296 pp., 6.125 x 9.25, 16 illus., appends., notes, index
Paperback ISBN: 978-0-8078-5955-1
Published: February 2009
eBook ISBN: 978-0-8078-8985-5
Published: November 2009
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Drawing on more than 50 interviews with gay and lesbian veterans, Steve Estes charts the evolution of policy toward homosexuals in the military over the past 65 years, uncovering the ways that silence about sexuality and military service has affected the identities of gay veterans. These veteran voices--harrowing, heroic, and on the record--reveal the extraordinary stories of ordinary Americans, men and women who simply did their duty and served their country in the face of homophobia, prejudice, and enemy fire. Far from undermining national security, unit cohesion, or troop morale, Estes demonstrates, these veterans strengthened the U.S. military in times of war and peace. He also examines challenges to the ban on homosexual service, placing them in the context of the wider movement for gay rights and gay liberation. Ask and Tell is an important compilation of unheard voices, offering Americans a new understanding of the value of all the men and women who serve and protect them.
About the Author
Steve Estes is associate professor of history at Sonoma State University. He is author of I Am a Man!: Race, Manhood, and the Civil Rights Movement (UNC Press).
For more information about Steve Estes, visit the Author Page.
"An indispensable document."--Women: A Cultural Review
"This essential oral history collection tells the stories we were never meant to hear and ultimately calls for an end to one of America's bastions of homophobia."--Curve
"An excellent history of both gay and lesbian life and the gay rights movement. . . . These narratives tell volumes about the experiences of gay servicemen and women, and powerfully illustrate how patriotism and commitment to service cut across gender and sexuality. The narratives will make important contributions to classroom discussions in sexuality, sociology, gender studies, and military history. Highly recommended."--Choice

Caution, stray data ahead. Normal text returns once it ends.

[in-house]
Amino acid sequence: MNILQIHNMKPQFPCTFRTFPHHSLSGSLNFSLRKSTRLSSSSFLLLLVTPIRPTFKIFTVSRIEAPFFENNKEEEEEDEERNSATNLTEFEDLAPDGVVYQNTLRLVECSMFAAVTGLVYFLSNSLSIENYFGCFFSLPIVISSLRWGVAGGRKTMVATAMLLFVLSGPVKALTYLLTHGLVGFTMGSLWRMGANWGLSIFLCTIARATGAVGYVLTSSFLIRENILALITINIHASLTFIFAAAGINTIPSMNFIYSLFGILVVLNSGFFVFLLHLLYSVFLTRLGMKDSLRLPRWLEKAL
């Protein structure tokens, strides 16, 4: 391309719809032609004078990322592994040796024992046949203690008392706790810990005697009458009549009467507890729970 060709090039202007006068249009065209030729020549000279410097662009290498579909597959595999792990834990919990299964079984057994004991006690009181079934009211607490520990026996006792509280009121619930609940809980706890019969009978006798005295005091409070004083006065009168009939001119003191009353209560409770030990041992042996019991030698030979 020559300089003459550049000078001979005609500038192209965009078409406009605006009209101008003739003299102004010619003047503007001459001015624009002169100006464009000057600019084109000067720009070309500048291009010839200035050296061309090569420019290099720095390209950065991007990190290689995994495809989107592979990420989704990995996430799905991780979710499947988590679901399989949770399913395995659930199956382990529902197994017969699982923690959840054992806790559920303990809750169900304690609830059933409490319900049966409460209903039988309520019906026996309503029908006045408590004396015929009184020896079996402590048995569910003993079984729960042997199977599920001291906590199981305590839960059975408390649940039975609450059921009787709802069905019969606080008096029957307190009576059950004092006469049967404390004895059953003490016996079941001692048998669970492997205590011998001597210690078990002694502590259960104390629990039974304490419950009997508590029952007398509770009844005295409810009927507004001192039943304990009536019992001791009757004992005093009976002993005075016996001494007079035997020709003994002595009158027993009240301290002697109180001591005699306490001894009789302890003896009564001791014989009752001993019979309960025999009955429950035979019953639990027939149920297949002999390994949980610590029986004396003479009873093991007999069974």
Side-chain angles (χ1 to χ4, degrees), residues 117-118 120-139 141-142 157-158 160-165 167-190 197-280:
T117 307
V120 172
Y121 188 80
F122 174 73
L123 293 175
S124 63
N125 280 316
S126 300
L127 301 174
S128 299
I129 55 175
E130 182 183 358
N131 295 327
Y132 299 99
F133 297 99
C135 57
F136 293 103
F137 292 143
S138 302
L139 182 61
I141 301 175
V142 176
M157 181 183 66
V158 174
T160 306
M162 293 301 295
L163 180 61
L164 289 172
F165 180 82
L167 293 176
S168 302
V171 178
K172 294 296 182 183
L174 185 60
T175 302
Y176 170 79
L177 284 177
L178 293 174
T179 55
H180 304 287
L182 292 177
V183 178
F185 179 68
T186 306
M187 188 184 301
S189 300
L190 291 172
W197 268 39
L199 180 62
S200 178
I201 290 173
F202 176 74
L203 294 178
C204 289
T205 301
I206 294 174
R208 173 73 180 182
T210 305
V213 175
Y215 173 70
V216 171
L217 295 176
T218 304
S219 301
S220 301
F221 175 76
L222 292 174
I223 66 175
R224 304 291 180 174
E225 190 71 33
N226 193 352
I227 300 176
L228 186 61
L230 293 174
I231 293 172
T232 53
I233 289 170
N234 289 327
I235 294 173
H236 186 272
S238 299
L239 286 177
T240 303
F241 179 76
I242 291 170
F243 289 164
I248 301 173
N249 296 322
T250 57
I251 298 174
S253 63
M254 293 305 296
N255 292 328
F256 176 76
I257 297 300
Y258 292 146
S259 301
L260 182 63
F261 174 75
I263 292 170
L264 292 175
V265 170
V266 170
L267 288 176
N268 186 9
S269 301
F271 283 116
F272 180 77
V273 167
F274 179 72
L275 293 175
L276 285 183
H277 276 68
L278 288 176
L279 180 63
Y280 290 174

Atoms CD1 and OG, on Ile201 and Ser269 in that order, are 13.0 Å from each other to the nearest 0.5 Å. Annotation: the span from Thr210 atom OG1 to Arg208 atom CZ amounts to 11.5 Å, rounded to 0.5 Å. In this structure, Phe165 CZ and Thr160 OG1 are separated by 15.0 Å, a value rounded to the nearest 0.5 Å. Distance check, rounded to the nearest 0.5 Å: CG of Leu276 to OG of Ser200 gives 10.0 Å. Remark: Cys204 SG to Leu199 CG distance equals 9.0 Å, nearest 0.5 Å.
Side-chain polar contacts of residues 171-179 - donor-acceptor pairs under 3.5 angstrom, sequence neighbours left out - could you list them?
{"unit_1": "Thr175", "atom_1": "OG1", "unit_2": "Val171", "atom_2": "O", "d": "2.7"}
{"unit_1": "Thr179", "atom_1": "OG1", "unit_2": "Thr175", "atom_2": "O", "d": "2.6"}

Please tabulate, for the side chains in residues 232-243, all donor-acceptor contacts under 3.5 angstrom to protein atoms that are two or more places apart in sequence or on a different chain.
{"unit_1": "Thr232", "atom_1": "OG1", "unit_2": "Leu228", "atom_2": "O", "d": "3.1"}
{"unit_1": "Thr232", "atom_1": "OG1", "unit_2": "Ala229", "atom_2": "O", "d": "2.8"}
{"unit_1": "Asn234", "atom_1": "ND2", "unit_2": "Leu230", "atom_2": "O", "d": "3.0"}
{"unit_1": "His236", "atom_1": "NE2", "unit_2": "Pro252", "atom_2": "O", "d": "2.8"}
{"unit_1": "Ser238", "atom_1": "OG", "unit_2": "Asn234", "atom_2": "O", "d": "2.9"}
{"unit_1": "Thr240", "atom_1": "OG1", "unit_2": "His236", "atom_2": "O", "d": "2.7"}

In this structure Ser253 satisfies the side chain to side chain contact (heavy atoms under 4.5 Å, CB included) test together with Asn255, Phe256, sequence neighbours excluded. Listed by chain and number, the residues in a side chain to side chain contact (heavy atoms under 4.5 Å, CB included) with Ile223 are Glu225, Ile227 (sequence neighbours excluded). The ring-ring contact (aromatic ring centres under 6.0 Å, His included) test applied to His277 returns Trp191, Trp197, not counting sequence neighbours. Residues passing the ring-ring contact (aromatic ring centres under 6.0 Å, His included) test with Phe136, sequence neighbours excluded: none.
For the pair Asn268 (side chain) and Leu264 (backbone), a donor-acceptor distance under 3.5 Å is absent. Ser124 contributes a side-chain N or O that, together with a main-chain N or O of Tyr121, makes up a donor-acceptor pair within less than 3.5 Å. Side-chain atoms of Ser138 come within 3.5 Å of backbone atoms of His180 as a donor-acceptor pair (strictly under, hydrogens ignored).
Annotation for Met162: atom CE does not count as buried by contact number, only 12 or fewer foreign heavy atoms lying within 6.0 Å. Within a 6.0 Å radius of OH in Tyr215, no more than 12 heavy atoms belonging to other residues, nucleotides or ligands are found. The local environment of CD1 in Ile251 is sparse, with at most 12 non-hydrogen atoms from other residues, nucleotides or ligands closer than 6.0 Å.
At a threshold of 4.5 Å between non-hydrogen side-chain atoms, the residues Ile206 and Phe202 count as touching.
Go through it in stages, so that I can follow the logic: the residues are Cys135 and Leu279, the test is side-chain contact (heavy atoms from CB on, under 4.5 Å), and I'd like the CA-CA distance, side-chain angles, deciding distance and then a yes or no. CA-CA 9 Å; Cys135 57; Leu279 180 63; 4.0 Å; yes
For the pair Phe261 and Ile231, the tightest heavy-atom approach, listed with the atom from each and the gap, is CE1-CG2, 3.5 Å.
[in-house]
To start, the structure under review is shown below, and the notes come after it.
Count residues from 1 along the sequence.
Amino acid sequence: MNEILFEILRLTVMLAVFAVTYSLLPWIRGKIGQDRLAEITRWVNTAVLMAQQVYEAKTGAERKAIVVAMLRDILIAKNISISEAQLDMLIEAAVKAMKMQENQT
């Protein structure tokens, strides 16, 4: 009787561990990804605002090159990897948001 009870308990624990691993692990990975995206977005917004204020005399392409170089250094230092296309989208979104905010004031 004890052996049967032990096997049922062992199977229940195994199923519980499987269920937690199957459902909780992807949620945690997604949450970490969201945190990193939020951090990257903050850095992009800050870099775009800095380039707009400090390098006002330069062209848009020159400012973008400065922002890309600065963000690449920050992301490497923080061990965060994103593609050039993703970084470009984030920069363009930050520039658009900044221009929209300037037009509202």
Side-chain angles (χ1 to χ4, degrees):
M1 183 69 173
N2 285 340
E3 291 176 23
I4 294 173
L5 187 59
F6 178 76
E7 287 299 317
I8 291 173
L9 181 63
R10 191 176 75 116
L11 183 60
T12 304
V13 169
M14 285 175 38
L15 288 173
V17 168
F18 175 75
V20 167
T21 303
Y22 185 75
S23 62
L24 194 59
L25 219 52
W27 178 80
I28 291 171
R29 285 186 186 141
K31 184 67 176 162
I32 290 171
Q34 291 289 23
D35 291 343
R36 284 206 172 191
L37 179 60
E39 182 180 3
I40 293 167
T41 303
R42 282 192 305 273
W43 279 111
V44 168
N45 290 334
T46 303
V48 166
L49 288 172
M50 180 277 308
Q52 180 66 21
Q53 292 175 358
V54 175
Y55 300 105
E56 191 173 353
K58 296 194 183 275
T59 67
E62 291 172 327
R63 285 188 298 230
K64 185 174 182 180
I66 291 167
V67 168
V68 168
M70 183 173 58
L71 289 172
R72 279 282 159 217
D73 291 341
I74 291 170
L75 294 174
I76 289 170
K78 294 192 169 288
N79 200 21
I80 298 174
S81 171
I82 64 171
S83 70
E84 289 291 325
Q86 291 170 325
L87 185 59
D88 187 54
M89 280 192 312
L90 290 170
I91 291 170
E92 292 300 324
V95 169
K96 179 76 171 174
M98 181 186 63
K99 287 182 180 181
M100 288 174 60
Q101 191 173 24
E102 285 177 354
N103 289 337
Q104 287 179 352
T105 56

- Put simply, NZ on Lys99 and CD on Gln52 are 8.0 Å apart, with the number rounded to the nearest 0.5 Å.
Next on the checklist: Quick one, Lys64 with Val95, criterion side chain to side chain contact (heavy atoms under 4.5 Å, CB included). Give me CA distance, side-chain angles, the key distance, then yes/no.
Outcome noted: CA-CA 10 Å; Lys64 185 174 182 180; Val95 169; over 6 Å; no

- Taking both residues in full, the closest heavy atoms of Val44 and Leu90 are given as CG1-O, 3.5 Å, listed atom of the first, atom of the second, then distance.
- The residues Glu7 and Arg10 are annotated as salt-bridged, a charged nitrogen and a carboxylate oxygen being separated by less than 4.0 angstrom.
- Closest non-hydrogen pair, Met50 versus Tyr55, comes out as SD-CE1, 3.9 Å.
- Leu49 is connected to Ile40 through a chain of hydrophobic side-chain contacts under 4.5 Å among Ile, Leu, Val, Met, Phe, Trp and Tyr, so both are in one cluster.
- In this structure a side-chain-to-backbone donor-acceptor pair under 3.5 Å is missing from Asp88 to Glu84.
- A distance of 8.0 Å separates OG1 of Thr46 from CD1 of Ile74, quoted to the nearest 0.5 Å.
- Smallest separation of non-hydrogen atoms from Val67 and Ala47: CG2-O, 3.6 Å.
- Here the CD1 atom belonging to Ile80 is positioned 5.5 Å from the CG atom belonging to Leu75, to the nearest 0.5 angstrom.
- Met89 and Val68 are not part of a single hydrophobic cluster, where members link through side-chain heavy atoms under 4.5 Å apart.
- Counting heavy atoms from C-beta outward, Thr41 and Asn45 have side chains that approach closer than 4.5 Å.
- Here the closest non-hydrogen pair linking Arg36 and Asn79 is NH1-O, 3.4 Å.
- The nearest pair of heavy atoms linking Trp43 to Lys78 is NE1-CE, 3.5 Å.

"Ask and Tell helps us to reclaim the humanity of gay people in the military--to see their stories in all their textured, varied, and contradictory detail. . . . What Estes has done, in short, is to undertake a work of social and historical reconstruction. He distills complex stories of human experience, rendering them approachable without attempting to draw out of them the seamlessness of a legal complaint or the fluency of a novel. Right now, such unembellished reconstruction is just what we need."--The International History Review
"Whether one believes the military should lift its ban on open confession of homosexuality or not, it is hard to argue with Estes that 'at the very least, this volume documents courage that should not be forgotten.' Estes's work is a welcome addition to the debate over homosexuals in the military and an appreciable addition to an all-too-elided aspect of military history."--Military Review
"A deeper understanding emerges of military culture and the way 'Don't Ask, Don't Tell' runs counter to the military's core values. [Estes's interviewees] take Senator Sam Nunn's argument--that the cramped living conditions of military life preclude the integration of gay and straight troops--and turn it on its head."--The Journal of American History